Defendant goes on to argue that any such error by the ALJ was harmless, unless plaintiff can " show at least a 'substantial likelihood of prejudice." " ECF #16, p. 4 (quoting McLeod v. Astrue, 640 F.3d 881, 888 (9th Cir. 2001)). The Court finds a substantial likelihood of prejudice exists in this case. That is, it cannot be said that the failure to allow plaintiff to present the additional evidence was " inconsequential" to the ALJ's " ultimate nondisability determination" or " nonprejudicial" to plaintiff's case. Stout v. Comm'r, Soc. Sec. Admin., 454 F.3d 1050, 1055 (9th Cir. 2006); see also Parra v. Astrue, 481 F.3d 742, 747 (9th Cir. 2007) (any error on part of ALJ would not have affected " ALJ's ultimate decision."). For example, while it is not yet known what plaintiff's wife's testimony would consist of, lay witness testimony -- particularly that from family members who are in a position to observe a claiman't symptoms and daily activities -- " is competent evidence that an ALJ must take into account." Lewis v. Apfel, 236 F.3d 503, 511 (9th Cir. 2001); see also Dodrill v. Shalala, 12 F.3d 915, 918-19 (9th Cir. 1993).

The Court may remand this case " either for additional evidence and findings or to award benefits." Smolen, 80 F.3d at 1292. Generally, when the Court reverses an ALJ's decision, " the proper course, except in rare circumstances, is to remand to the agency for additional investigation or explanation." Benecke v. Barnhart, 379 F.3d 587, 595 (9th Cir. 2004) (citations omitted). Thus, it is " the unusual case in which it is clear from the record that the claimant is unable to perform gainful employment in the national economy, " that " remand for an immediate award of benefits is appropriate." Id.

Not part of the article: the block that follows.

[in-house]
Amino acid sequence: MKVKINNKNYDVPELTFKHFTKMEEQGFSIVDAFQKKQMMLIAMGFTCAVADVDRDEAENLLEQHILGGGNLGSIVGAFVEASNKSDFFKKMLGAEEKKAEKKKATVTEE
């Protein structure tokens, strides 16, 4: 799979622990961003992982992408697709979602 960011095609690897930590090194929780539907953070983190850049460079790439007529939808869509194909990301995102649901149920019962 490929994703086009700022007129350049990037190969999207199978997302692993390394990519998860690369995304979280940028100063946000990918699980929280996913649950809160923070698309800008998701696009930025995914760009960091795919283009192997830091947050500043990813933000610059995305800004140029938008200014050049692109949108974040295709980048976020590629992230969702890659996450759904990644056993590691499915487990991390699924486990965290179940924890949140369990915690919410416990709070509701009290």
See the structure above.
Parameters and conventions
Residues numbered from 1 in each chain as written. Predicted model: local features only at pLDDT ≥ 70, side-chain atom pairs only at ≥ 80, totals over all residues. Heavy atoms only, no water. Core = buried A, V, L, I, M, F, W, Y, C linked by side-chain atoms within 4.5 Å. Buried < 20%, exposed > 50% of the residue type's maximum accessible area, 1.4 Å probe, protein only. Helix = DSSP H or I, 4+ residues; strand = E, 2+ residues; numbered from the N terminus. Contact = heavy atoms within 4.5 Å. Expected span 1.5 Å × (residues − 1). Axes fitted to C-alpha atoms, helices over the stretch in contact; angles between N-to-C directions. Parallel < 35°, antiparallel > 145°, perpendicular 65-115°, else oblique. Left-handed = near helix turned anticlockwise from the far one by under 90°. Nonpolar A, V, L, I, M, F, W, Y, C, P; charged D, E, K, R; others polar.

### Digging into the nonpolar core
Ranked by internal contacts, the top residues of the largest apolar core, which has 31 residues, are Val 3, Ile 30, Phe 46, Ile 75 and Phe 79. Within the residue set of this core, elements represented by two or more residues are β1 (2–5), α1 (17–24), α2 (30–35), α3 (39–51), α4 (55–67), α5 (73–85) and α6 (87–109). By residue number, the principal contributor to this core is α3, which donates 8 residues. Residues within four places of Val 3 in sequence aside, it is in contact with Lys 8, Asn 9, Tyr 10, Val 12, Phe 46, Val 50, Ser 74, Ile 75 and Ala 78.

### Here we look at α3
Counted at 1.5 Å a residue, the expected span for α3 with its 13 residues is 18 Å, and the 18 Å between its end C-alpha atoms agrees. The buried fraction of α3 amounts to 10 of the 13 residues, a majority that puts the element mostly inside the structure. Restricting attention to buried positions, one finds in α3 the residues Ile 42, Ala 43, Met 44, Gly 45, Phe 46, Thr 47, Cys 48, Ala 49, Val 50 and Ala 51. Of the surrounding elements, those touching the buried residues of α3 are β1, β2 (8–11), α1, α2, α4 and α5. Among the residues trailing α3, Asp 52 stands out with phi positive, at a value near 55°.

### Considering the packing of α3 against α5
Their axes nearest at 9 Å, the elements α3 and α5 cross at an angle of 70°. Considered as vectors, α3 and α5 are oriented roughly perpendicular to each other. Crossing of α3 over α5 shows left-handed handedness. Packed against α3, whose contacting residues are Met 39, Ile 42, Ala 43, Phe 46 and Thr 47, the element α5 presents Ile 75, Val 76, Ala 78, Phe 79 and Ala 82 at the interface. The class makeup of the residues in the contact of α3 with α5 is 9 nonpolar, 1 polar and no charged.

Benefits may be awarded where " the record has been fully developed" and " further administrative proceedings would serve no useful purpose." Smolen, 80 F.3d at 1292; Holohan v. Massanari, 246 F.3d 1195, 1210 (9th Cir. 2001). Because the ALJ did not provide plaintiff with a full and fair opportunity to present evidence at the second hearing, it cannot be said that the record has been fully developed or that no useful purpose would be served by remanding this matter for further administrative proceedings to allow plaintiff to present that evidence.

CONCLUSION

Based on the foregoing discussion, the Court hereby finds the ALJ improperly concluded plaintiff was not disabled. Accordingly, defendant's decision to deny benefits is REVERSED and this matter is REMANDED for further administrative proceedings in accordance with the findings contained herein.